In part one, we talked about how things like ceiling height and cuteness can have significant effects on creativity and employee happiness. We also talked about how, like most creative writing teachers love to say, decorating your office is about, “showing, not telling” what your company’s mission is.
So let’s dive right into part two and cover four more tips for building a creativity-inducing environment at your office.
A Farewell to Clutter
You’ve probably heard this before, so we don’t drill over your head about it. Get rid of the piles of papers you don’t need. Remove the empty cardboard boxes that are lying around the office. Recycle the folders you don’t need and gather the extra pens that are strewn about your desk into a mug. Keep what you need; get rid of what you don’t.
You’ll thank us later.
The Legend of Office Furniture
And isn’t it an epic one indeed…
The kind of furniture you place around your office can drastically affect employee production and morale. One office may have employees sitting on crates as a symbol of the modest beginnings of the company, while another may invest in pricier ergonomic kneeling chairs to put employee wellness at its forefront.
Every company is different, but here are some interesting facts on the topic of creativity-inducing furniture:
One study that shows rounded furniture evokes stronger feelings of ‘pleasure’ than furniture with sharp corners. The resulting comfort is conducive for creative ideas.
Another study concludes that standing desks are not ideal for creative people because it results in a sense of urgency, while sitting allows the mind to wander.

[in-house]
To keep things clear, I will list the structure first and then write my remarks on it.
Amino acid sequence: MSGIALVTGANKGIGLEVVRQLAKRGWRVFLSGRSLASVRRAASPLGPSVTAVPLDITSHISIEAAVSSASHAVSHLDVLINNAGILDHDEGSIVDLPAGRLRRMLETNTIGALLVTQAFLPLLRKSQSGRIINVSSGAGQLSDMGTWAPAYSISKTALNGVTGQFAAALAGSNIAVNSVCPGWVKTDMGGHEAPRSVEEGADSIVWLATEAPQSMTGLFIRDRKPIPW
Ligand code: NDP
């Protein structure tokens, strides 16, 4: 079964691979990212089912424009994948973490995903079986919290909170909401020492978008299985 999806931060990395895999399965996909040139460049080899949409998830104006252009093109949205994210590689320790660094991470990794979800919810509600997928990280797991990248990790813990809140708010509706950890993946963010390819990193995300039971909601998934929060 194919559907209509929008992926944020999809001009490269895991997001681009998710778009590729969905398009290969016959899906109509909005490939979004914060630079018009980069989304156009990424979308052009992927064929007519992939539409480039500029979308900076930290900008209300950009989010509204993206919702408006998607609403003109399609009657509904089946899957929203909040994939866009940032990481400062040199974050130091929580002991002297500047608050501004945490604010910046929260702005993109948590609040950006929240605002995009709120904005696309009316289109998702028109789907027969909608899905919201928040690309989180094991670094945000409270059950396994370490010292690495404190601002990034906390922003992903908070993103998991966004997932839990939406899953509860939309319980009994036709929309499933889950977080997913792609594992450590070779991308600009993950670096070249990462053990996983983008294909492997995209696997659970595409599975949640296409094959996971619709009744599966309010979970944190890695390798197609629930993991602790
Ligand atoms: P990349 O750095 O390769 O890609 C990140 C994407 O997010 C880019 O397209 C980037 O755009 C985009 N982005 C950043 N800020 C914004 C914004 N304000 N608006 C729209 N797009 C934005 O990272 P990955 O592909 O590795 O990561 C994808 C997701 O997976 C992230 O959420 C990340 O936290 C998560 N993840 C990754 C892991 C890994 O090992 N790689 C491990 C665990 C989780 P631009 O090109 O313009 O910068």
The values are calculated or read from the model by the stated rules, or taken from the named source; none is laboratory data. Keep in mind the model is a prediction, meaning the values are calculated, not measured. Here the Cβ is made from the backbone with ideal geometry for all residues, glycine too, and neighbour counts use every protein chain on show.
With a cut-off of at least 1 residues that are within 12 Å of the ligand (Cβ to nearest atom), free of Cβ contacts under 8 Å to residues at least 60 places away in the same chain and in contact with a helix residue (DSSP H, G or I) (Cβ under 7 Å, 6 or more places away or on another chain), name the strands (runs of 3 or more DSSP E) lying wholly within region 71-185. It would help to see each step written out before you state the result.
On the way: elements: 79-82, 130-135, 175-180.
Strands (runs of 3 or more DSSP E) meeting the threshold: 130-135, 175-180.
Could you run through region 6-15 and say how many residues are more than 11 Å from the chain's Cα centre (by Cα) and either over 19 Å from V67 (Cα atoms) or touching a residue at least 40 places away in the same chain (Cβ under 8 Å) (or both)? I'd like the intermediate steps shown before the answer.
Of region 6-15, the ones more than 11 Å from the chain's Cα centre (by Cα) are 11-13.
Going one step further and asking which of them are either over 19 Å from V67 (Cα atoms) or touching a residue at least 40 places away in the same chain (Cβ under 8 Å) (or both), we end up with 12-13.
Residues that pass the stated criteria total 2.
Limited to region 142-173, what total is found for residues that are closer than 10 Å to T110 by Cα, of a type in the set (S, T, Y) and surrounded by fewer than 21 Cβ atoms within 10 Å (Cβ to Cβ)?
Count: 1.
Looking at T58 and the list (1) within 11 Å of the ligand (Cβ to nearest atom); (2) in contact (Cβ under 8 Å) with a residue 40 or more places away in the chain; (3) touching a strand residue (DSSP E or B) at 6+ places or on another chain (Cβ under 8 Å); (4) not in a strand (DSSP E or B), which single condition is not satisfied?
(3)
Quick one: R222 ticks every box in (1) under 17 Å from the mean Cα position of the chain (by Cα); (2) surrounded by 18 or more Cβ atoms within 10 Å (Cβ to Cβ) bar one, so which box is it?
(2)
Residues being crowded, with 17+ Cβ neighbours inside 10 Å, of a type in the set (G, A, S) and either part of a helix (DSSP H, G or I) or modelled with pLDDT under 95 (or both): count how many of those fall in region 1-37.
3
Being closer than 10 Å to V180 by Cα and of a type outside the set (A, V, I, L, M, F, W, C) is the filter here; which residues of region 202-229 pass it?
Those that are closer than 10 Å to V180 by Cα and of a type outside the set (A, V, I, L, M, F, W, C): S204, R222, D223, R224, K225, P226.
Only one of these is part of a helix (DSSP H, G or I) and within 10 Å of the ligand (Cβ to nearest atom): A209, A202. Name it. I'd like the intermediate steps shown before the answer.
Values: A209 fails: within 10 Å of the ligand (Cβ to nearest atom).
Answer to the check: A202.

While sitting may promote creativity, you have to sit up straight in order to feel confident, powerful and happy enough to come up with new ideas and implement them. So it’s probably worth investing in those pricier ergonomic chair options for your employees to stimulate the rights side of their brains.
Also, don’t forget to invest in furniture for the common areas: this will encourage employees to gather and exchange ideas in impromptu meetings.
Let the Sun In When It Rises
It’s all about la lumiere naturelle.
Exposure to natural light can significantly affect employees’ health by affecting mood, alertness and even metabolism. Natural light can be used as a form of, “underestimated and uncontrolled light therapy for bipolar depression,” according to a study by Benedetti in 2001.
Long exposure to dim or artificial light in a workplace – or anywhere – can lead to sleepiness and long-term stress. Natural light helps us stay relaxed and alert, boosting our creativity in the process.
A Tale of Two Ferns
Desk plants are proven to help employees better concentrate on tasks and prevent fatigue.
A study conducted by psychologists at Exeter University proved that office plants can increase employee productivity by 15%. One reason office plants can help happiness and productivity is, naturally, they help us breath.
Here are some plants that are perfect for the office:
- 12 Best Desk Plants for the Office
- Plants for a healthy office
- Plants that Essentially Grow on Their Own*
In Conclusion: keep it natural.
If there’s one trend we noticed while researching the topic of creativity-inducing work environments, it’s that humans feel most relaxed and creative in natural environments.
Not all offices are meant to promote creativity. If employees are expected to do speedy and accurate accounting work, then having large windows for daydreaming and fun, communal workspaces may not be optimal. But if your goal is to create an environment where employees are encouraged to design, brainstorm marketing campaigns, write articles etc., it might be time to invest in an office plant or two.
Click here to read part one of 8 Ways to Build a Work Environment Around Creativity.
Download our free whitepaper on foolproof tips for crafting your employee engagement plan.